#chasing26.2: Thoughts on Dallas and Finishing a Marathon

Merry (belated) Christmas, and (almost) Happy New Year! I know for many of us—myself included—the end of the year can be a blur of activities, parties, family, etc. But, I hope that—in the midst of the food, the gifts, and the activities—you still find time to stop and rest.

Needless to say, my life didn’t stop after finishing Dallas. Between a work trip, playing for two weddings, and the usual end-of-year antics, today is one of the first times I’ve had to really sit down and write. Plus, if we’re keeping it honest, it’s also taken this long because I’ve been trying (and still am trying, in some ways) to really get my head around the entire marathon experience. And while I’m still not sure I’ve managed to completely “process” it all, I still want to share where I’m at, so far.

First of all, I can’t tell you how happy I am to have actually finished Dallas, this year. The DNF from 2016 bugged me in ways you can’t begin to imagine, and at times it even had me wondering if my finishing Disney was a fluke. Yes, finishing Dallas this year—regardless of the time—meant that I accomplished my goal (and who doesn’t love accomplishing a goal they’ve set for themselves?). But, more than that, finishing Dallas was the “win” I needed to remind myself that running at this distance is possible for me.

But, even as I’ve reveled in the satisfaction of completing a marathon, Dallas made me realize that I still have so much to learn when it comes to this distance. I’ve run 9 or 10 half marathons to date; I’ve finished the Disney World Marathon; and part of me thought I knew what I was getting into when I signed up to run another marathon. And yet, Dallas reminded me that 26.2 is a completely different animal. This distance that will stretch you—and break you, if I’m being honest—in ways you’d never thought possible. It is not for the faint of heart. A marathon will take everything you have, and still ask for more. So, even with all the races I’ve finished before, even with all the miles I’ve logged over the years, Dallas showed me that running marathons is still new and uncharted territory for me.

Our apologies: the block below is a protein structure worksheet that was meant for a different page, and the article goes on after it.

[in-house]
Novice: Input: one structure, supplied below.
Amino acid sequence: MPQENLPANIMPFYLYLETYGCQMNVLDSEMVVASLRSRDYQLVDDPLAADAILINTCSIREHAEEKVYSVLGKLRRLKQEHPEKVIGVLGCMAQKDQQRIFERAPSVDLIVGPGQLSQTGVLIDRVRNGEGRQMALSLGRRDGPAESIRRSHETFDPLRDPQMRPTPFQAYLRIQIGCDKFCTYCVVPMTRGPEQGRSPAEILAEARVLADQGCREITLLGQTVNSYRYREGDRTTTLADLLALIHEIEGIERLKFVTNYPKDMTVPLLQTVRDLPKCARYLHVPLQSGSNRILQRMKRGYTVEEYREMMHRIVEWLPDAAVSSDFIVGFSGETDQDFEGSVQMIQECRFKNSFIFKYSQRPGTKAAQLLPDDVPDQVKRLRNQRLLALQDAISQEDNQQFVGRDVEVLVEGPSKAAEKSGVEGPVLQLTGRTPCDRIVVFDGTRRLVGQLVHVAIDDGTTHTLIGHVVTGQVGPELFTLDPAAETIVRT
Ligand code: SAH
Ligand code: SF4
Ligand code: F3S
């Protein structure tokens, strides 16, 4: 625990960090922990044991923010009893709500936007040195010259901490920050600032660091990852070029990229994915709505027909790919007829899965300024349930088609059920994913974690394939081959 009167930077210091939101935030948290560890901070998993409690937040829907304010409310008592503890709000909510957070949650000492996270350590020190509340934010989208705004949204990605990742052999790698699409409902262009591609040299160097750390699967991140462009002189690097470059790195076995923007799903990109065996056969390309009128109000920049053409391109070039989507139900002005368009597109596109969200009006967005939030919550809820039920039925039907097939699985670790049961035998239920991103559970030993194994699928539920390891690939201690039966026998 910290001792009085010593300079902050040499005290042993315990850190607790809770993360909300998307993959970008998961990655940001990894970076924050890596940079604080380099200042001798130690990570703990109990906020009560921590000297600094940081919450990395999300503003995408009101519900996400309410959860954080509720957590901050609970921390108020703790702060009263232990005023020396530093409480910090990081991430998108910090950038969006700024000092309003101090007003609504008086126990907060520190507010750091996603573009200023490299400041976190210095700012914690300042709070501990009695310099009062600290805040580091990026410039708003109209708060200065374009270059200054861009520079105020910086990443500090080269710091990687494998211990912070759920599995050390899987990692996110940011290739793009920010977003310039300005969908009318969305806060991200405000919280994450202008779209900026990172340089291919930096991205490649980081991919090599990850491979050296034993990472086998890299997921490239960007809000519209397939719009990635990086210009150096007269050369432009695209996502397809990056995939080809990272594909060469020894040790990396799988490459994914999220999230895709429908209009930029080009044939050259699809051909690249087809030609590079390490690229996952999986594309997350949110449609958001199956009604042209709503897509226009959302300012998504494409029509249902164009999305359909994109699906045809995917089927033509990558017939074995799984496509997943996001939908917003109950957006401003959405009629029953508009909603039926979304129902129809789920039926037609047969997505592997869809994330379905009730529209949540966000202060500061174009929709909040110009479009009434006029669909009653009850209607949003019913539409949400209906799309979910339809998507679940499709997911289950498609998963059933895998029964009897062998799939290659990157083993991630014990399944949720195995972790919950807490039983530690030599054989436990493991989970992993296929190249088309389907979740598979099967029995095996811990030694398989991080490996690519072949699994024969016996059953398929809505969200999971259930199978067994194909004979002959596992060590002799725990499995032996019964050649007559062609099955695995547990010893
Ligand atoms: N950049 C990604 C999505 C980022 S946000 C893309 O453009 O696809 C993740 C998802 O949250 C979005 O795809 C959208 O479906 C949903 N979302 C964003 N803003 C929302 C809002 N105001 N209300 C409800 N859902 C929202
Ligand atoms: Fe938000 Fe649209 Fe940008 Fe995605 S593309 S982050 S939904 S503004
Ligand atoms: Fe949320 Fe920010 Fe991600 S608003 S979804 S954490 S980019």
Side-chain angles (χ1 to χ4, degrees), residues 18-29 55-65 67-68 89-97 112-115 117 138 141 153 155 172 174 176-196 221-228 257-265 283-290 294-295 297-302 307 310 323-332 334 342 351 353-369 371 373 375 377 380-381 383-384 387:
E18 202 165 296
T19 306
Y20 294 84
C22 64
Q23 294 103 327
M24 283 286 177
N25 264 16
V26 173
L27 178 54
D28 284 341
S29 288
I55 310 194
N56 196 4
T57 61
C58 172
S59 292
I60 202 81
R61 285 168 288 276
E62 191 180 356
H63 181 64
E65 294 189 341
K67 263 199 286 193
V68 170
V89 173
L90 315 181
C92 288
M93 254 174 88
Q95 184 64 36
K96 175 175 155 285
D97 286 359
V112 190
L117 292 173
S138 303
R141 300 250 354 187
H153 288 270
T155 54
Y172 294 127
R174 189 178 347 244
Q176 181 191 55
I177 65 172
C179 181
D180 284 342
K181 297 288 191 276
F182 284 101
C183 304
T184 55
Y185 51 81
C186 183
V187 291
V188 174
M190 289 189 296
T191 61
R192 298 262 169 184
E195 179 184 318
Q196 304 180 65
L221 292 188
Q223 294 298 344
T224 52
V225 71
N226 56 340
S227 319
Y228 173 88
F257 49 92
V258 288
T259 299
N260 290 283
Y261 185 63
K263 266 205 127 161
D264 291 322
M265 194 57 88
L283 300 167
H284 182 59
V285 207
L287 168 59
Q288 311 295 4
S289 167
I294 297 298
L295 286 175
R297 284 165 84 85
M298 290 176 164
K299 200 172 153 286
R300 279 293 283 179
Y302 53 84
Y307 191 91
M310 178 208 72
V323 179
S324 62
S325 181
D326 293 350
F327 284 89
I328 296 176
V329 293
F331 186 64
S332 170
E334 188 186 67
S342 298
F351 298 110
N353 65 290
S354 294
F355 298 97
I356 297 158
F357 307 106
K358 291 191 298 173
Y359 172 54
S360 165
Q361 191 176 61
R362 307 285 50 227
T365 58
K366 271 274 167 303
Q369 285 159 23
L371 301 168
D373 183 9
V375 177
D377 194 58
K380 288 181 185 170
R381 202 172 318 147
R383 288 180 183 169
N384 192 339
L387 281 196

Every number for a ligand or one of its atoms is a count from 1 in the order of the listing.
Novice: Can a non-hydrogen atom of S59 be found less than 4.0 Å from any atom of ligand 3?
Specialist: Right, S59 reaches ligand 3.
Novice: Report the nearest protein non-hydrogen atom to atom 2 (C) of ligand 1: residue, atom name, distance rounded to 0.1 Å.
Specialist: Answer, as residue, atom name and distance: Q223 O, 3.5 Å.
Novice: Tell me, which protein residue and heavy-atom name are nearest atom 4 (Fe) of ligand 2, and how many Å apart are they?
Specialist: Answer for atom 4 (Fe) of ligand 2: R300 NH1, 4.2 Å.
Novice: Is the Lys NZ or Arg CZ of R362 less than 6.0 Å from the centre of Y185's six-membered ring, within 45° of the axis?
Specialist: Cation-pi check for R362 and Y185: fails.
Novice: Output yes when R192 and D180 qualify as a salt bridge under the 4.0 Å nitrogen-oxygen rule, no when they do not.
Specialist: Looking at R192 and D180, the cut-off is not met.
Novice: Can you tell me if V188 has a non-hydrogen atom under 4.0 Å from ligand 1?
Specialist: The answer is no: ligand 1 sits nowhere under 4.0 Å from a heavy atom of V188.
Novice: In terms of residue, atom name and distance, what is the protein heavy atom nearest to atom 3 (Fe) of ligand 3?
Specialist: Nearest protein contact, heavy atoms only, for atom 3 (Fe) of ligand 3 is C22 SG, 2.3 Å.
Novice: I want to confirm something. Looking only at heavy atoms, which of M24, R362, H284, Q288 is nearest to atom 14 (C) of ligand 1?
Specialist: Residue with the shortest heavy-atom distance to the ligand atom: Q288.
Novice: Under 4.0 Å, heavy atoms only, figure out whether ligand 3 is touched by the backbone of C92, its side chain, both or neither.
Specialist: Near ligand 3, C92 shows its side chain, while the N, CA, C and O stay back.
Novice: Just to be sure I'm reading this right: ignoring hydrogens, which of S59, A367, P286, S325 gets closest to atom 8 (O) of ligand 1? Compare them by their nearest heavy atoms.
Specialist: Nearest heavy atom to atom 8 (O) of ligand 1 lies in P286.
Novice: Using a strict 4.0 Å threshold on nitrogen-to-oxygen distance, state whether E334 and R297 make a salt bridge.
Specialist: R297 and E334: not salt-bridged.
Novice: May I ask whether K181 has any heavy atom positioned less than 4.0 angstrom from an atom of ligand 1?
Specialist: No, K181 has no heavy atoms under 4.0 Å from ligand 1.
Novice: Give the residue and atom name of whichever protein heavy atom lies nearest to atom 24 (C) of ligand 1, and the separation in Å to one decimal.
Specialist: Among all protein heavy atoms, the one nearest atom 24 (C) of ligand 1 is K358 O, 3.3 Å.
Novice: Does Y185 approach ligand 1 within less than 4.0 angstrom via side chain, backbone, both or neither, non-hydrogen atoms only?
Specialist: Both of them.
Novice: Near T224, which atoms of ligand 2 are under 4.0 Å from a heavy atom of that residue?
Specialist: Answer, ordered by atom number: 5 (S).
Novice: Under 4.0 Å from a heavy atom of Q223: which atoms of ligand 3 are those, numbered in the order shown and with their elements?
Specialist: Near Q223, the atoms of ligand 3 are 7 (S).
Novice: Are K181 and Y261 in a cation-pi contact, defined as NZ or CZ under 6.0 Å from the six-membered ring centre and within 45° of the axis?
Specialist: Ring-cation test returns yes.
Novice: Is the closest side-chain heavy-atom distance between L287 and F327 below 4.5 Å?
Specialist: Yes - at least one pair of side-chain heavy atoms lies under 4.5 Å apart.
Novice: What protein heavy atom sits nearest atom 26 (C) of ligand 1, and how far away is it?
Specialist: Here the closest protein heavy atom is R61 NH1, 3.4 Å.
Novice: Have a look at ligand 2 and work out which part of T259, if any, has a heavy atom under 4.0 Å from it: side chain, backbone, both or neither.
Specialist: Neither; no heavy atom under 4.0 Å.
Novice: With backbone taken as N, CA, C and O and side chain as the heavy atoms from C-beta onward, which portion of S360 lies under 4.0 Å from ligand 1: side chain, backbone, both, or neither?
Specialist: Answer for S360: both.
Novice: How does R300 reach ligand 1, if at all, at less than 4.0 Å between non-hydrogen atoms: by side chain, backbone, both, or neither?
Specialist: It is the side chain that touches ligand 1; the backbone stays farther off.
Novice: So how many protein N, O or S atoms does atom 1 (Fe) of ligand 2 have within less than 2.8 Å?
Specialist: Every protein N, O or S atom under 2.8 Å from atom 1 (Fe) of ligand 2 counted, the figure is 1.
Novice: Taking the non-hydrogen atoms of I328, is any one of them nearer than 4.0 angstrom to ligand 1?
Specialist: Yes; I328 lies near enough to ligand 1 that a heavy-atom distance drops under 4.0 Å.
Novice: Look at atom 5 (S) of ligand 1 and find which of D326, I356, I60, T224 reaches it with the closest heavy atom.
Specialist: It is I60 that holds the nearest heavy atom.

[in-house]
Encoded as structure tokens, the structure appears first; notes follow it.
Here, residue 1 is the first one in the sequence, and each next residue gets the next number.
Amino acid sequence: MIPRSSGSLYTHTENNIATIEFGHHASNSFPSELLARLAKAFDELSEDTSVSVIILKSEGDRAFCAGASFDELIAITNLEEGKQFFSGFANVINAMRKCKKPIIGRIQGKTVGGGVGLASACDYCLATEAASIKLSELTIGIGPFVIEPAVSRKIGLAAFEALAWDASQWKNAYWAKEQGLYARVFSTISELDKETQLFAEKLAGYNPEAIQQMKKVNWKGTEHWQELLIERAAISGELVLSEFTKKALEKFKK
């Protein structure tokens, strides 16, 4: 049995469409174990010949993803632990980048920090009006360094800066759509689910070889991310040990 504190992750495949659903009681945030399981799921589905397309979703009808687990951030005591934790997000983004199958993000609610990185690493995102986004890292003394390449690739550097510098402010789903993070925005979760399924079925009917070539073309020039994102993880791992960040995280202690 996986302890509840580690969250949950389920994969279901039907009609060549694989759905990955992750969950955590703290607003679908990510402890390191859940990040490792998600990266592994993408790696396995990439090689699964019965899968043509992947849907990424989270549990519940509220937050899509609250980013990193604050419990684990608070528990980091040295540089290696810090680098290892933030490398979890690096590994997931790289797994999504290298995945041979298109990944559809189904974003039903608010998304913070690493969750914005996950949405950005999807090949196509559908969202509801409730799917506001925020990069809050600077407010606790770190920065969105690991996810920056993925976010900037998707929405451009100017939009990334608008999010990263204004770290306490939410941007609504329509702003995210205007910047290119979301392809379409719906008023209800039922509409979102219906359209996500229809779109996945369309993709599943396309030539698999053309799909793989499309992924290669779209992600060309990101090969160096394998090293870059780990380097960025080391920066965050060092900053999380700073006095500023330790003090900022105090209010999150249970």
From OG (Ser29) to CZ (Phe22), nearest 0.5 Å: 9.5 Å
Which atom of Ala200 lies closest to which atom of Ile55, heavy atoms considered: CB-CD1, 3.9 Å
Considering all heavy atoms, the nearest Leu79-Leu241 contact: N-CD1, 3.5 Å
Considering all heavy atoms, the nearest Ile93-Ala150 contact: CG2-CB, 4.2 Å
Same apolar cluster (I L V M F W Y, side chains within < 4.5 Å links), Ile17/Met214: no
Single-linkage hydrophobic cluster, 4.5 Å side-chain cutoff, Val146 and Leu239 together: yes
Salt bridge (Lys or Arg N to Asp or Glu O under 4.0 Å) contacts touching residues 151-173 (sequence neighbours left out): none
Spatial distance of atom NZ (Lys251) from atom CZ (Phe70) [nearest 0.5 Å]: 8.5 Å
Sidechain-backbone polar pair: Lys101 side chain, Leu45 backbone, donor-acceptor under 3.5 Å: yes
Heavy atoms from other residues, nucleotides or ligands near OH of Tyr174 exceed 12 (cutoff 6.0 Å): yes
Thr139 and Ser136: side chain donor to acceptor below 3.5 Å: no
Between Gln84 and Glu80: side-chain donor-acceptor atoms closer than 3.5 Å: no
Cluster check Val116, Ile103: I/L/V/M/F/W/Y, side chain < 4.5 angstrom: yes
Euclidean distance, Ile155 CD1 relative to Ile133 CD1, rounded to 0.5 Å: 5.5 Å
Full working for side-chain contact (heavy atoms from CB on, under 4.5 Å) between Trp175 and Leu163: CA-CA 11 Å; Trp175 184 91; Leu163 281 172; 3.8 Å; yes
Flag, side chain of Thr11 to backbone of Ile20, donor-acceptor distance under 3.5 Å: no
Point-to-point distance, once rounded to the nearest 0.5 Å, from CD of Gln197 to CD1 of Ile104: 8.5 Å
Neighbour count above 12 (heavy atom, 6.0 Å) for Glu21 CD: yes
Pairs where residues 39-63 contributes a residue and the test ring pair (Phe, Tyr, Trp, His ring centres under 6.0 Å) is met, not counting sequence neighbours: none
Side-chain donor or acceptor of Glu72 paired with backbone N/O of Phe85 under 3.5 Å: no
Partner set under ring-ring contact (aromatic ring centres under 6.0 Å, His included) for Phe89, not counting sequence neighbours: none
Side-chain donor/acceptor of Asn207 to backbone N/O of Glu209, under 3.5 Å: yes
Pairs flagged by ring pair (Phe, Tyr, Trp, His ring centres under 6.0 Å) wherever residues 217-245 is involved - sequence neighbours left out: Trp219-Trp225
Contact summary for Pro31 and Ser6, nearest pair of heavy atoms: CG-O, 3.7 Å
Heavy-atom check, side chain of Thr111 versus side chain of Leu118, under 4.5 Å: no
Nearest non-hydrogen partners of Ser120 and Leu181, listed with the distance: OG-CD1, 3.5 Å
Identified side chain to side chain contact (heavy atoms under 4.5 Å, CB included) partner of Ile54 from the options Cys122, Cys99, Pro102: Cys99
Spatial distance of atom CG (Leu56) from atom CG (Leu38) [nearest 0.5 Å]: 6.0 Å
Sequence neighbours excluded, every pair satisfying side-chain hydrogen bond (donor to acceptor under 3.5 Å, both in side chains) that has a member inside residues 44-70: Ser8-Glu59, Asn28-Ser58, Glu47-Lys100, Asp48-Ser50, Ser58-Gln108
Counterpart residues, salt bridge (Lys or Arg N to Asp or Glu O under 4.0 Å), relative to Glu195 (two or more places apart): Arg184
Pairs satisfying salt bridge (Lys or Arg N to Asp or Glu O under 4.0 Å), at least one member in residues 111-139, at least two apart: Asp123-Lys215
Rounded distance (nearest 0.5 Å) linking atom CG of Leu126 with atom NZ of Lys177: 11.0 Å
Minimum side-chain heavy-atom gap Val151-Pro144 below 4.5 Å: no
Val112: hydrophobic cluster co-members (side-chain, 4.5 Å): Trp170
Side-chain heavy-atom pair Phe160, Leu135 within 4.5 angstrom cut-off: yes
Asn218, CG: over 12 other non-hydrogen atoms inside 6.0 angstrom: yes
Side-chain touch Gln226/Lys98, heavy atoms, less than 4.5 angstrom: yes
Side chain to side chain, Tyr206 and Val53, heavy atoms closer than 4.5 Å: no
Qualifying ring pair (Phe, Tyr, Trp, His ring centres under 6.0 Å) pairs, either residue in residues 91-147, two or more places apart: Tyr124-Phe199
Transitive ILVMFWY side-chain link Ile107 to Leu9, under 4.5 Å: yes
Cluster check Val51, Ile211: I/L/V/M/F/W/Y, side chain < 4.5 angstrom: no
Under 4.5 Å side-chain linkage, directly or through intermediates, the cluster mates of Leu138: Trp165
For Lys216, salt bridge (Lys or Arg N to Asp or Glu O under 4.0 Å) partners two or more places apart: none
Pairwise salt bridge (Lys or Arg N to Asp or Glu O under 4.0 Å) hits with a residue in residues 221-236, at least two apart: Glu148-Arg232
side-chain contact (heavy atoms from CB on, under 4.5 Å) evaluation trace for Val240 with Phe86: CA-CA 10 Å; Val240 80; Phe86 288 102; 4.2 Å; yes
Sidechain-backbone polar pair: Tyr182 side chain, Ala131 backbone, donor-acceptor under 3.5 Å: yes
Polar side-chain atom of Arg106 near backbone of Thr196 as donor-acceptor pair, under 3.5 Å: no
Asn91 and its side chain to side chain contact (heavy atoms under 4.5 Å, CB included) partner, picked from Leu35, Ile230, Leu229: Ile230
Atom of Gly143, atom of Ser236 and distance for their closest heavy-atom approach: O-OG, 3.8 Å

But here’s the thing: for all the time marathoning takes (both in training and on race day), for all the sore muscles and injuries, for all the internal angst about whether I could finish, I wouldn’t trade the experience for anything. Running marathons has taught me about myself—not just what I lack, but what I am. It’s forced me to prioritize and be creative with my time so the rest of my life doesn’t go off the rails. It’s helped me learn to push myself to places and distances I never thought possible when I first started running. It’s taught me how to listen to my body. It’s taught me the value of rest. It’s made me a better person.

And while it’s going to be a while before my next marathon, I’m definitely looking forward to running more marathons in the future. 😉

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